The Psychology of Mass Movements

In 1951, a virtually unknown dock laborer in San Francisco published a book that would have a wide-ranging impact in psychology, politics and philosophy.

That book was “The True Believer” by Eric Hoffer.

Hoffer, who did not receive a formal university education, probed into the nature of mass movements, and pondered why anyone would give up his or her identity to join a mass movement. Writing in the post-WWII era, Hoffer remained troubled by the Nazi movement in Germany, as he sought to explore the mindset that leads to an individual joining a cult, religious or political movement.

“People allow themselves to be swept up in larger causes in order to be freed of responsibility for their lives, and to escape the banality or misery of the present,” writes Tom Bowdon, summarizing Hoffer’s work. Indeed, as Hoffer argues, many people join mass movements in order to discover a “deeper purpose” to their lives. Put simply, sometimes life can be boring, and becoming part of a larger cause negates this banality.

Mindset of “The True Believer”

Certain groups remain more susceptible to joining a mass movement, Hoffer argues. Groups such as the extreme poor make bad mass movement candidates, simply because they are too worried about day-to-day survival rather than larger, abstract causes. Other groups, such as college students or the middle class, by contrast, remain good candidates to join a mass movement.


Hoffer explains: “Our frustration is greater when we have much and want more than when we have nothing and want some. We are less satisfied when we lack many things than when we seem to lack but one thing.” As pointed out by Bowdon, Hoffer used the example of wealthy German industrialists in the run up to WWII. Apparently bored with their usual activities, Germany’s wealthy families may have found it “intoxicating” to become part of a mass movement.

Unlike most other works of popular psychology, Hoffer does not lay out a series of steps or stages. Unlike Maslow or Piaget, for instance, Hoffer does not argue that an individual must move through specific stages or phases before become a true believer. The author does argue, however, that—as noted above—some groups are more vulnerable to mass movement indoctrination, and, more importantly, “. . . a movement will attract those who dislike having to be responsible for their lives,” as noted by Bowdon.

The Promise of Glory

Many mass movements, whether religious in nature (the crusades of The Middle Ages) or political (the French Revolution, which began in 1789) tend to promise its adherents a glorious future. In fact, Hoffer spends considerable time on this point in “The True Believer.” Again, summarizing Hoffer, Bowdon writes: “[I]f our present life is considered worthless, and our belief in the movement is so great, it will not be such a lead to die for it.”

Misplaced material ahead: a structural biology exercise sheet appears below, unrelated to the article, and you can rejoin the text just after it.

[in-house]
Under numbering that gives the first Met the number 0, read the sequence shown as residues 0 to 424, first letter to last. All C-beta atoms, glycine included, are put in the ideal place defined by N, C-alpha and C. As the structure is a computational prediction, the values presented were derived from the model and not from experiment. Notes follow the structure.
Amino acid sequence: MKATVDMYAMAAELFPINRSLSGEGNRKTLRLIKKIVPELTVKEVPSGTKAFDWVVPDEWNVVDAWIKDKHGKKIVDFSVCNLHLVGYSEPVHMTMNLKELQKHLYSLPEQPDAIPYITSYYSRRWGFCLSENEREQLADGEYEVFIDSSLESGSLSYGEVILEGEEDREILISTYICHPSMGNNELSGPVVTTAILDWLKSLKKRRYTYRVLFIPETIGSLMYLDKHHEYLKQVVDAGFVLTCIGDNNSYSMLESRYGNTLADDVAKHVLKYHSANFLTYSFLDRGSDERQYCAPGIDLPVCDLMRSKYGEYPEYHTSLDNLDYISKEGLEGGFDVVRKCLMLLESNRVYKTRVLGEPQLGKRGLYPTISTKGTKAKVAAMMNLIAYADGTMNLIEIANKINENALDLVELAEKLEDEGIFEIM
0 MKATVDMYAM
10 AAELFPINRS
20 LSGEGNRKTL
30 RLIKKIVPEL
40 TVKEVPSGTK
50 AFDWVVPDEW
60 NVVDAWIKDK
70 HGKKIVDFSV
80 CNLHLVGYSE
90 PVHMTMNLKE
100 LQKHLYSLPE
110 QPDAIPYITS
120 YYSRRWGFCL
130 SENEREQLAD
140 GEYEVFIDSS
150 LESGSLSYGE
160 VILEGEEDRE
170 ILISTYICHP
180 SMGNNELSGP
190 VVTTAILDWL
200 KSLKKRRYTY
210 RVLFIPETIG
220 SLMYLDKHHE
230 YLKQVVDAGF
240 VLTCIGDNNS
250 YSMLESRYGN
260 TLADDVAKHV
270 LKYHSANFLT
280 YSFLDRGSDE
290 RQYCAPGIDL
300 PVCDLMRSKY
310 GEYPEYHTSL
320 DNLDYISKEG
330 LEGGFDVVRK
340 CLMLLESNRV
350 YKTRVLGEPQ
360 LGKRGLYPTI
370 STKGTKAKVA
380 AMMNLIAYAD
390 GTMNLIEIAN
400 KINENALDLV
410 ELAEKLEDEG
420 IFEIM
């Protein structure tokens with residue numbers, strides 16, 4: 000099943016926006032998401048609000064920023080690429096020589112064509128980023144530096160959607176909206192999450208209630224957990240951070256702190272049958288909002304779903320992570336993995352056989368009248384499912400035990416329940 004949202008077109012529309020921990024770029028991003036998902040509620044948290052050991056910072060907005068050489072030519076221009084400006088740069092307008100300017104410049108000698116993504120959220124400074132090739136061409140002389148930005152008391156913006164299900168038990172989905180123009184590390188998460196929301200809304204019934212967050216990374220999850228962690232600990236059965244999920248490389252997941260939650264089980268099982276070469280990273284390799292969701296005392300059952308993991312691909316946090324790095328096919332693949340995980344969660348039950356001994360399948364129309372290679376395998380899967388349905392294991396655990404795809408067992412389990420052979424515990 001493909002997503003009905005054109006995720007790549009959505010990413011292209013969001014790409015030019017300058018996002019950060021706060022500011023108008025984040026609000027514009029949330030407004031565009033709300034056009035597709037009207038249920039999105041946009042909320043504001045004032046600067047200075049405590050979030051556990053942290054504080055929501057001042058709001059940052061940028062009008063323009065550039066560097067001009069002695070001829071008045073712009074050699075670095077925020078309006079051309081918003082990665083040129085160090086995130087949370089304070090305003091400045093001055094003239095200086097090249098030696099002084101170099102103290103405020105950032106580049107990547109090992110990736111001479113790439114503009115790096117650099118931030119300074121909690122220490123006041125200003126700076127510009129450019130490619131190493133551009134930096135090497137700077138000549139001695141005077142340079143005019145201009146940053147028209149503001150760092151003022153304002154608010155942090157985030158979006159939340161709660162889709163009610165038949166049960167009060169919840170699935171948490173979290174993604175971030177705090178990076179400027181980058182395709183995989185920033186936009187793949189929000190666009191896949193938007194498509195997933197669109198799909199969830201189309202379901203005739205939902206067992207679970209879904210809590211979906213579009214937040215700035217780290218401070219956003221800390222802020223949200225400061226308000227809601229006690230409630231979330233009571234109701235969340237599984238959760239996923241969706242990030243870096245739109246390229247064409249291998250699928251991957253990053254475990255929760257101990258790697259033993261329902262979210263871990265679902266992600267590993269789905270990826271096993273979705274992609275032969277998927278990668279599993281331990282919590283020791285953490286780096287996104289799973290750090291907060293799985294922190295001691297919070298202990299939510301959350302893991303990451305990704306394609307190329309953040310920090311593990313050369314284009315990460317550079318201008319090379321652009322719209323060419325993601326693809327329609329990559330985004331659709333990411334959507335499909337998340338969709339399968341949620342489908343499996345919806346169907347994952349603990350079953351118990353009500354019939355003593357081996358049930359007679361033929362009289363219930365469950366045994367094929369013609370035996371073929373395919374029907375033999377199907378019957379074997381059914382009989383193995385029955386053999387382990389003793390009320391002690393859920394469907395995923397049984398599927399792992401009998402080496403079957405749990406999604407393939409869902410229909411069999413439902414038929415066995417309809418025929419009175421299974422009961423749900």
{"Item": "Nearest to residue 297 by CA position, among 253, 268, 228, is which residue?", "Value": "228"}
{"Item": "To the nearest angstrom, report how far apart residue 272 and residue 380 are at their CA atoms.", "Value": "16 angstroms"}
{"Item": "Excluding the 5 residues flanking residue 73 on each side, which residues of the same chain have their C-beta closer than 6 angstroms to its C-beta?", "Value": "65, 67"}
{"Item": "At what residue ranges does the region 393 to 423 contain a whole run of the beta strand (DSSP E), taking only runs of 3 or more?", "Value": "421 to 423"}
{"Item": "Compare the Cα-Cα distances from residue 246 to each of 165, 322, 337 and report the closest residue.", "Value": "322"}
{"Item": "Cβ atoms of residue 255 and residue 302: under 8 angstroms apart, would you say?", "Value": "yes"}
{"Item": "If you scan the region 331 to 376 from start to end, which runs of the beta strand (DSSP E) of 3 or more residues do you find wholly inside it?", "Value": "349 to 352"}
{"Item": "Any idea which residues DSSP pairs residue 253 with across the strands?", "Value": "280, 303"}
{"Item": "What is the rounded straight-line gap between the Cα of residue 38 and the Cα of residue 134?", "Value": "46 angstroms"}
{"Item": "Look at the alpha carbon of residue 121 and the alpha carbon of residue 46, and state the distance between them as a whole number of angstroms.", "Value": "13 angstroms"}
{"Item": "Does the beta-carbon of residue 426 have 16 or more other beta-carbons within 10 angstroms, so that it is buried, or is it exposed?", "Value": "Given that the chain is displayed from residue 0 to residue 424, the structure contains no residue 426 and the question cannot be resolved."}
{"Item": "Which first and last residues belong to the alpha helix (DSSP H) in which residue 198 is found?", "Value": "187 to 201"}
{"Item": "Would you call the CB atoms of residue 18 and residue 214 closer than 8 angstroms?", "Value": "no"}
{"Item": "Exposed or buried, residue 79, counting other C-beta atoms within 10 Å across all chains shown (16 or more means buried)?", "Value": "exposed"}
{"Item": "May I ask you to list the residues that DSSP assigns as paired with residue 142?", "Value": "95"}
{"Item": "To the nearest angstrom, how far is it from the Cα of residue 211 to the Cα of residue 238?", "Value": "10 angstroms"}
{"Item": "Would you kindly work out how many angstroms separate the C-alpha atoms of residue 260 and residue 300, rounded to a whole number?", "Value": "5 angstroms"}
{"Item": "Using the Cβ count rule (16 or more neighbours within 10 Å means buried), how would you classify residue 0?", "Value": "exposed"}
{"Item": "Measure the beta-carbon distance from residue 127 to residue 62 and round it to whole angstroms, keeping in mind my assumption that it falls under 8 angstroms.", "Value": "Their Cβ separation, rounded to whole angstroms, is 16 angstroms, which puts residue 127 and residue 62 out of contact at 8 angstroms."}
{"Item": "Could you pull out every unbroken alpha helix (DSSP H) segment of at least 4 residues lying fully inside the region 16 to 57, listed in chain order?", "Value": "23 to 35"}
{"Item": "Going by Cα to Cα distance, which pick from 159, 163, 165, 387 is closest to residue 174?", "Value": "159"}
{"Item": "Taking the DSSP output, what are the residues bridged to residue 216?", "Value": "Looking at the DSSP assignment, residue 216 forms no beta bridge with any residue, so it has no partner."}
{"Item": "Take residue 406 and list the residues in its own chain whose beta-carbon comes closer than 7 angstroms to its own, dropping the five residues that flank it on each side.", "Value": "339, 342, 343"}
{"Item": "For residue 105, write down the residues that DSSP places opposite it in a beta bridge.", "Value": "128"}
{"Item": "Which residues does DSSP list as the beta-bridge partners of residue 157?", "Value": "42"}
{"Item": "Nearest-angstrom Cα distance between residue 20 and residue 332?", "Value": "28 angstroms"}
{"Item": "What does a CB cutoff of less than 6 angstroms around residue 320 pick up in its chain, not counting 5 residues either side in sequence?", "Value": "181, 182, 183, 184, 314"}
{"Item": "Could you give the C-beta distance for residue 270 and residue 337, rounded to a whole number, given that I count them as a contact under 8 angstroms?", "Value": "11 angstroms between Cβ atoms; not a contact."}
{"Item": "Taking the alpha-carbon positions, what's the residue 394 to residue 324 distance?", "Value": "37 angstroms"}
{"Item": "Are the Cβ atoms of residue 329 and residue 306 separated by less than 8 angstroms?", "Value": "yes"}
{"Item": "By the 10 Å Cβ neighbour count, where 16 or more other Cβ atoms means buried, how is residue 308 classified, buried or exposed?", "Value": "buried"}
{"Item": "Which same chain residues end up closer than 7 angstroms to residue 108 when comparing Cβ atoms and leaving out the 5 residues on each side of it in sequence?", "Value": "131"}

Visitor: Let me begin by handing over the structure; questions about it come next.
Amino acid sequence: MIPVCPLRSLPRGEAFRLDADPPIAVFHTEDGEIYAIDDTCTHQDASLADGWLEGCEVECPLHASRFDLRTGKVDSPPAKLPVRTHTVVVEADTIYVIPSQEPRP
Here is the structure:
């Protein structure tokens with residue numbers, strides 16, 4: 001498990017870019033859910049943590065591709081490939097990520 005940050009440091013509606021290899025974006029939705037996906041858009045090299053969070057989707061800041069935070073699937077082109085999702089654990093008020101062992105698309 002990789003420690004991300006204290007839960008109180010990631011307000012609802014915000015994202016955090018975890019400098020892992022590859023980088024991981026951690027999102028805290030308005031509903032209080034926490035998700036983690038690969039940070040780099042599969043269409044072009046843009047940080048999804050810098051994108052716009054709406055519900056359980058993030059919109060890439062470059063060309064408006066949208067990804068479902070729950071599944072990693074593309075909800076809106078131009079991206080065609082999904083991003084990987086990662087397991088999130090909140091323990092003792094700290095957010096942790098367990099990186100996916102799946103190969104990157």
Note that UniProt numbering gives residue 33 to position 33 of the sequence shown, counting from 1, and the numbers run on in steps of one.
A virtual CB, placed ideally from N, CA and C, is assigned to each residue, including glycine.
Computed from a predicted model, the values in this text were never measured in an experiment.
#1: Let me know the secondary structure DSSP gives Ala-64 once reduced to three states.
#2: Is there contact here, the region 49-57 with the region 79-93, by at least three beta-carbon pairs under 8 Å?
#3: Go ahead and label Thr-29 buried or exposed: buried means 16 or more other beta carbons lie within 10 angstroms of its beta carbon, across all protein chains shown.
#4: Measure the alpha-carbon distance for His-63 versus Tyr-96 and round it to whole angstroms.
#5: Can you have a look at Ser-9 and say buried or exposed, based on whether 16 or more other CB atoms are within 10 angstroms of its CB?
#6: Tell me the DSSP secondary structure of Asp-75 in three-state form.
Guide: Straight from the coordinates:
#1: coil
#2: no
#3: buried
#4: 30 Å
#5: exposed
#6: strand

Suicide bombers remain illustrative.

All moral considerations seem to be squashed by the “holy cause” (a phrase used by Hoffer) of the movement. In the mind of the true believer, the devoted adherent, all those who stand in the way of the movement’s goal may be “. . . weak, corrupt, without backbone or decadent.”

Hoffer’s Impact

Several decades have passed since Hoffer first published “The True Believer,” but it has remained more relevant than ever. Few books of have had the impact of “The True Believer,” in that it has inspired psychologists, political writers and philosophers. Moreover, despite being inspired by the events of World War II, Hoffer’s work seems to remain eerily relevant to the events of today in areas such as the Middle East. “What makes someone want to die for a cause?” “What groups are vulnerable to indoctrination?” “What mindsets, ideologies or beliefs promote harm on a wide scale?”

All of the answers to these questions are multi-causal, but Hoffer’s work establishes a strong starting point. Finally, despite (or because of) Hoffer’s lack of formal education, he cultivated a unique perspective that one can only view with envy. As noted by Bowdon: “The book is also a great example of why questions of human motivation and action should never be left to psychologists alone.”


Bowdon, T. (2007). 50 psychology classics who we are, how we think, what we do : Insight and inspiration from 50 key books. London: Nicholas Brealey Pub.

Hoffer, E. (1951). The true believer: Thoughts on the nature of mass movements. New York: Harper and Row.

Brooke Lamberti

Brooke Lamberti is a content writer based out of Scranton, Pennsylvania. She received a Bachelor of Science in Psychology from Marywood University, and has prior career experience working in social work and domestic violence advocacy. She has a passion for writing and helping others.

Leave a Comment